I personally bond much better to the bitches. I like a dog who will take attention and then walk away--boys tend to suck it up and then try to give you even more, then climb in your lap, then give you even MORE. I get "touched out" with boys. I also love how the girls are thinkers and reasoners, how a strong girl defines the entire pack, etc.
 

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Right now I have my first boy dog...he is such a sweetie! Although I am thinking it has to do with his breeds/personality more so than his gender. I Have a 1.5 yo female terrier mix and I wanted another dog. I really wanted to get a male dog cause I have had issues (in the past with previuos dogs) with dog aggression and was told that female to female agression was the most difficult to deal with-I do not know if thats entirely accurate though. Our boy is a 7 month old shep mix of some kind and at 7 months is soooo much easier to live with than my older terrier mix--although the terrier is so very smart, and can be very sweet as well, she is definitely a terrier. Anyway, I really like having one of each!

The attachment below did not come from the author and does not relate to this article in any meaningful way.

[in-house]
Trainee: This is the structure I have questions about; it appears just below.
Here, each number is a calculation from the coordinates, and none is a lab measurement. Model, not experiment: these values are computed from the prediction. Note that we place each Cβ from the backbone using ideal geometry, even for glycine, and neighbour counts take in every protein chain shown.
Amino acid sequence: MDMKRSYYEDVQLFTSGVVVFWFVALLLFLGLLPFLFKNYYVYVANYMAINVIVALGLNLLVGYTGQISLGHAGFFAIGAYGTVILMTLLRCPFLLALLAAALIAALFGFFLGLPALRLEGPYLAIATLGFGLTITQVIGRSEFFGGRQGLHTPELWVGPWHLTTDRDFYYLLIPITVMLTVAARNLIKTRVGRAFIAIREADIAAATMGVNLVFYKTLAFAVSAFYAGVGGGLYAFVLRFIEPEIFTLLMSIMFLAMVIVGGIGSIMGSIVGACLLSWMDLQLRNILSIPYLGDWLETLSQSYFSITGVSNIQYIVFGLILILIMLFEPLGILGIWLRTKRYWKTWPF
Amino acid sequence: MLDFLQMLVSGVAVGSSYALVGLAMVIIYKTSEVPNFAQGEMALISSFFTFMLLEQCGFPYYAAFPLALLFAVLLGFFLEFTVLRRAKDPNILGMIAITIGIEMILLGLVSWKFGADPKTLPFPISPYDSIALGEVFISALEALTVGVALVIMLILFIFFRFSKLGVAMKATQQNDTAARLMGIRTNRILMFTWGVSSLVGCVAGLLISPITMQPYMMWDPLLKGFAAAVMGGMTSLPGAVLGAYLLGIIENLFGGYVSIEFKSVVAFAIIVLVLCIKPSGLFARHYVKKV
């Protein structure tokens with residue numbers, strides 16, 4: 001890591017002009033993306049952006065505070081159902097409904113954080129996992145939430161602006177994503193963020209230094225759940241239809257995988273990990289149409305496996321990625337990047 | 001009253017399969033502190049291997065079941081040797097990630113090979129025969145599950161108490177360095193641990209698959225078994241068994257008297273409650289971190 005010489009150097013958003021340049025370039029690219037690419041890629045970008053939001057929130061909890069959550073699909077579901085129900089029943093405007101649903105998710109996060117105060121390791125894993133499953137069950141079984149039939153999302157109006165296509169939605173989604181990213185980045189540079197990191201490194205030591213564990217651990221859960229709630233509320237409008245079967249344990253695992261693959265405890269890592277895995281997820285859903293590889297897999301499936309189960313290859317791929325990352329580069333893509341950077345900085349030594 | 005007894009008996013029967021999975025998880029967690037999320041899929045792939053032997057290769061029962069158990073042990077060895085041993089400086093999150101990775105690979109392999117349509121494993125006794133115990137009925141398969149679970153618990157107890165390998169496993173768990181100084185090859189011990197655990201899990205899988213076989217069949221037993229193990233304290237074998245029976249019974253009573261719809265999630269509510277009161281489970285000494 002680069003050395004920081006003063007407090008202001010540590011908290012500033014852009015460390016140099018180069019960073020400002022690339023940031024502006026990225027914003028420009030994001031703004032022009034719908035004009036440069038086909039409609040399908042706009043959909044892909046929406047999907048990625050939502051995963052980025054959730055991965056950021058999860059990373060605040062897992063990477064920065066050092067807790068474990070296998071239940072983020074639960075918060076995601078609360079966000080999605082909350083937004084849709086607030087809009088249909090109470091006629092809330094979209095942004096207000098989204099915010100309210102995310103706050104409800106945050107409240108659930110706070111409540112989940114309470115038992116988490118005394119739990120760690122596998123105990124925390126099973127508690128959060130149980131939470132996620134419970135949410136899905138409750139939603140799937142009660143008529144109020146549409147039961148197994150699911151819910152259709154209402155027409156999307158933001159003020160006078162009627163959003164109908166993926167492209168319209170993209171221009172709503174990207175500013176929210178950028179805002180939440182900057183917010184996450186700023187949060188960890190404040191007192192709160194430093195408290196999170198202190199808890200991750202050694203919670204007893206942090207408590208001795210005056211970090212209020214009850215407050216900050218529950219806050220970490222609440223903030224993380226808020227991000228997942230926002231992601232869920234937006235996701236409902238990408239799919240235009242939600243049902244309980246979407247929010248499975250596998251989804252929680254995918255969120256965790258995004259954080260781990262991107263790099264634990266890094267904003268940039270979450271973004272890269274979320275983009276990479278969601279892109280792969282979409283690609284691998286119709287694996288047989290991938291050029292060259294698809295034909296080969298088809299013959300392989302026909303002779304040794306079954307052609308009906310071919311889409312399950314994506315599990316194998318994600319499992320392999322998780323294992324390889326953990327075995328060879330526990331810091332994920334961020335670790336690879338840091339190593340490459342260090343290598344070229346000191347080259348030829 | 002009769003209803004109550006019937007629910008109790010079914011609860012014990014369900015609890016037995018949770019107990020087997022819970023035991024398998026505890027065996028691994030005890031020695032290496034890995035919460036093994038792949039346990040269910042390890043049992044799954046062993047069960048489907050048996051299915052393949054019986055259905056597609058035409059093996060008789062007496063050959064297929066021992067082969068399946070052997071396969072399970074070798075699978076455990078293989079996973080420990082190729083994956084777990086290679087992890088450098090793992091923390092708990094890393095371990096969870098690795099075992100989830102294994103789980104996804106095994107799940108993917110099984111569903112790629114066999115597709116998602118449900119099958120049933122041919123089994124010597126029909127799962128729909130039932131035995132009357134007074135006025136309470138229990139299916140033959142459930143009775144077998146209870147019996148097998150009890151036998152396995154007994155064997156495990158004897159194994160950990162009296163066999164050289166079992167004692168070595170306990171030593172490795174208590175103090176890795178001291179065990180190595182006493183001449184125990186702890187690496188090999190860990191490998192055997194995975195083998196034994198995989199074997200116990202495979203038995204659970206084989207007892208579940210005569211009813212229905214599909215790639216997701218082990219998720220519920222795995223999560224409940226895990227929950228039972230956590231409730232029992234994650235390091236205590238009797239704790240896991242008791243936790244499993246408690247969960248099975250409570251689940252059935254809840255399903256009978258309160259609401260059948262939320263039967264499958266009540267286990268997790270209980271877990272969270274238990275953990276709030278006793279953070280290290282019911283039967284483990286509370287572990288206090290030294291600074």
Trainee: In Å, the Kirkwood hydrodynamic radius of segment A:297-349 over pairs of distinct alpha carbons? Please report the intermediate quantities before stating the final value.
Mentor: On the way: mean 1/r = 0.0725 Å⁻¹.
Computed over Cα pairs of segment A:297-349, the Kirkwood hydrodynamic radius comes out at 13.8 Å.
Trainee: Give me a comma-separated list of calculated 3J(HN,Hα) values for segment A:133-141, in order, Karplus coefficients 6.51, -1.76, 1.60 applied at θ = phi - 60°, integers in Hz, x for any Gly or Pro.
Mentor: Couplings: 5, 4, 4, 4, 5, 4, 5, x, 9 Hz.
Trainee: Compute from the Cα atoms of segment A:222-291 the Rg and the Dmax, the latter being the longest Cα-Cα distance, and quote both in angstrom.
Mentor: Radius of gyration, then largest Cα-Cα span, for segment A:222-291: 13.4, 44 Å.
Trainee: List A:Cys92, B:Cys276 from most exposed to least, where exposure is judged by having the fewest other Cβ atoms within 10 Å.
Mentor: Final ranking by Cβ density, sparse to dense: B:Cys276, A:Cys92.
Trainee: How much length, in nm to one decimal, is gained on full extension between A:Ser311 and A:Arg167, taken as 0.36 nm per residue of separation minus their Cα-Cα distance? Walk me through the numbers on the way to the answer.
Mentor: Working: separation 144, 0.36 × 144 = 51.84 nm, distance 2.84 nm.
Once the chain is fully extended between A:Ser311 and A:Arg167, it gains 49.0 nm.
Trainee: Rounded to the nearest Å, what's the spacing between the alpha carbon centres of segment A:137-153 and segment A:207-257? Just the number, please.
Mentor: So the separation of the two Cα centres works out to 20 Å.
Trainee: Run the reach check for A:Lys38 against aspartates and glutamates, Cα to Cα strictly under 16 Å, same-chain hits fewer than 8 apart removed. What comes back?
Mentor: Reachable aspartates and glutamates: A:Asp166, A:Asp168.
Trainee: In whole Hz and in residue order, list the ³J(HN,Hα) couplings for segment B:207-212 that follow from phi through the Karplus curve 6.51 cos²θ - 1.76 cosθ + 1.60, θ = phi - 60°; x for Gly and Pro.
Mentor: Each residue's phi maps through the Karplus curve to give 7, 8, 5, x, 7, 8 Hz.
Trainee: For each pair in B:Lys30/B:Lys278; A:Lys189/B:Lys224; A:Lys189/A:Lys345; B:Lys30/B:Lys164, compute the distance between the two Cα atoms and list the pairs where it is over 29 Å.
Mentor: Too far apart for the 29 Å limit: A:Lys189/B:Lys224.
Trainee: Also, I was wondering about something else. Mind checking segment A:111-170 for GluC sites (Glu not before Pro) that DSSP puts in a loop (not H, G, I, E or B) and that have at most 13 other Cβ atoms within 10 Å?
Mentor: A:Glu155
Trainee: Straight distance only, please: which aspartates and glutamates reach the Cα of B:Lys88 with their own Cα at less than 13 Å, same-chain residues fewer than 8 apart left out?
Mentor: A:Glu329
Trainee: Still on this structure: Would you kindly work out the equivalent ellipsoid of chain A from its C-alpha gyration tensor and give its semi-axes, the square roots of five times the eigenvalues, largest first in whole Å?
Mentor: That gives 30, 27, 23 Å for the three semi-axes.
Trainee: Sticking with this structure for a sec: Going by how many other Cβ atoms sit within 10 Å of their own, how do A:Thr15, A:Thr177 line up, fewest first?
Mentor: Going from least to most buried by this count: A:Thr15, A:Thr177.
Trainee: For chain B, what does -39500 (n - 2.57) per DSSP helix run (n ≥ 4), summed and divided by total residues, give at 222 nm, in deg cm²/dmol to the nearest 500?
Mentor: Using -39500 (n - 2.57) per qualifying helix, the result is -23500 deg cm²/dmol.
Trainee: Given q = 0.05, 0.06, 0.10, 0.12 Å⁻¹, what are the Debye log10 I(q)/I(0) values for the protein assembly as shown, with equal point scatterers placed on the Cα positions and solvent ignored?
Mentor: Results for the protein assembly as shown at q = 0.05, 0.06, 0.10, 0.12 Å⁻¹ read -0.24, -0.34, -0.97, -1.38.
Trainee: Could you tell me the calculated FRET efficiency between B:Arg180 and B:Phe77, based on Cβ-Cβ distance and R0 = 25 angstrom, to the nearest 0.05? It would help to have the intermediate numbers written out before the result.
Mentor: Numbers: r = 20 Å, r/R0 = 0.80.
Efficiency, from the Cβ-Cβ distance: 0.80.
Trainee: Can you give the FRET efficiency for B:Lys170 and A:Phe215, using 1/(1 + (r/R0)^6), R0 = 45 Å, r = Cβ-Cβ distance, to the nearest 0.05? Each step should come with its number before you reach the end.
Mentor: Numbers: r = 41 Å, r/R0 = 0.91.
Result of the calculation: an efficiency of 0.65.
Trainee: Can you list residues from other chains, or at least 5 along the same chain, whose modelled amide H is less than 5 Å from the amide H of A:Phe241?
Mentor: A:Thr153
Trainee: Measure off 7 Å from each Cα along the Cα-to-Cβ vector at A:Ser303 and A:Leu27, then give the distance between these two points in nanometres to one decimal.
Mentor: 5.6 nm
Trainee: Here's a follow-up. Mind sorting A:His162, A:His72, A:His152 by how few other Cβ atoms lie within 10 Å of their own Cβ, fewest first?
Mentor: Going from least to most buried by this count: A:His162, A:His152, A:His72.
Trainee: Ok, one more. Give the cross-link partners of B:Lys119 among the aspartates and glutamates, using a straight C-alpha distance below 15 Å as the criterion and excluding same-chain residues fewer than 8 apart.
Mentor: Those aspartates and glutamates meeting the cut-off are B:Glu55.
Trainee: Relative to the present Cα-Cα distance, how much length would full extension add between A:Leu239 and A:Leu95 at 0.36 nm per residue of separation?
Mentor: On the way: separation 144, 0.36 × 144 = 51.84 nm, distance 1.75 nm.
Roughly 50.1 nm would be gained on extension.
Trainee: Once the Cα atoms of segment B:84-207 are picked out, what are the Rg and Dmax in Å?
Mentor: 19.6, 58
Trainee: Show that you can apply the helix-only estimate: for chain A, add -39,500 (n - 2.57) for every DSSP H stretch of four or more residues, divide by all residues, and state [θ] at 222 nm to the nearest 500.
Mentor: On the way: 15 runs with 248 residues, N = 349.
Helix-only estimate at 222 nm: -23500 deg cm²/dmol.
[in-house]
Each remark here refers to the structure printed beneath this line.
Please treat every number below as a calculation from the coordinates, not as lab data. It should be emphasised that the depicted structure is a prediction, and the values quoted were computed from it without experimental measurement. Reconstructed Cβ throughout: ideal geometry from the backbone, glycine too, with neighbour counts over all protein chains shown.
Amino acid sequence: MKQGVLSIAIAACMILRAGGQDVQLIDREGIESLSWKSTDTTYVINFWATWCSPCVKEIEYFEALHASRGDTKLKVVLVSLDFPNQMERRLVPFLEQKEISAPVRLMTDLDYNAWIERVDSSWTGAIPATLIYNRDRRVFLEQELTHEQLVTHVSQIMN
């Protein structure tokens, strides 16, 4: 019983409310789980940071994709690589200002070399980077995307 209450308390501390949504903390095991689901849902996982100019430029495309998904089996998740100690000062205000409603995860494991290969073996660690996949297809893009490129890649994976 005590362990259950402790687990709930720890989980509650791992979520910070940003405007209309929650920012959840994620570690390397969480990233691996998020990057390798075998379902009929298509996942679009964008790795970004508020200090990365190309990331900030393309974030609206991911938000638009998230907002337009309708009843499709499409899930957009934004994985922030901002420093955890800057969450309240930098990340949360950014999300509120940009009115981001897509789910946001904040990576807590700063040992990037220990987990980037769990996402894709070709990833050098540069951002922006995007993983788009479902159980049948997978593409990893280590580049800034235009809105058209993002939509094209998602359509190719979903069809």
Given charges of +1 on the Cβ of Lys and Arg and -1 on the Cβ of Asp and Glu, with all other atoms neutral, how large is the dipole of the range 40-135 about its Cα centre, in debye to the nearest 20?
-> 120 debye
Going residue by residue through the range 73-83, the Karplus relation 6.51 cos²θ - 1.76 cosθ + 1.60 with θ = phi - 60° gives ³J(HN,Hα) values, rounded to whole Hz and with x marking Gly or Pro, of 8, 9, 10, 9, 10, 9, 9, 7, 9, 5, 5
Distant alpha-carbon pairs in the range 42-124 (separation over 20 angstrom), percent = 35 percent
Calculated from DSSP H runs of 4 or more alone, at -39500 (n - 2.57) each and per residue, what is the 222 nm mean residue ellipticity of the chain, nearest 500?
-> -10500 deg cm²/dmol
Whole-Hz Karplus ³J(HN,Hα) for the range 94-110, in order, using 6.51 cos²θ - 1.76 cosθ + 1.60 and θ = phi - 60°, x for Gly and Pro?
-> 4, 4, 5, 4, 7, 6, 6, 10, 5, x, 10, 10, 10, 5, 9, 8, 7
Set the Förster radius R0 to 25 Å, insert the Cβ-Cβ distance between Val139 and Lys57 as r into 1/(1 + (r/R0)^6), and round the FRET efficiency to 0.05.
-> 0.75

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Discussion Starter · #10 ·
I gotta say, he's really a sweet dog. His sister was brought along when we got him, and after meeting the pair of them, she was definitely more timid and afraid. He was nervous too, new surroundings and people, but warmed to us very quickly. Something told me that he was the better choice, for our lifestyle, and the fact that dh would like to try him bird hunting.

Thanks for the reassurance. It's just one of those things that parents put into your heads, and you gotta break the way of thinking.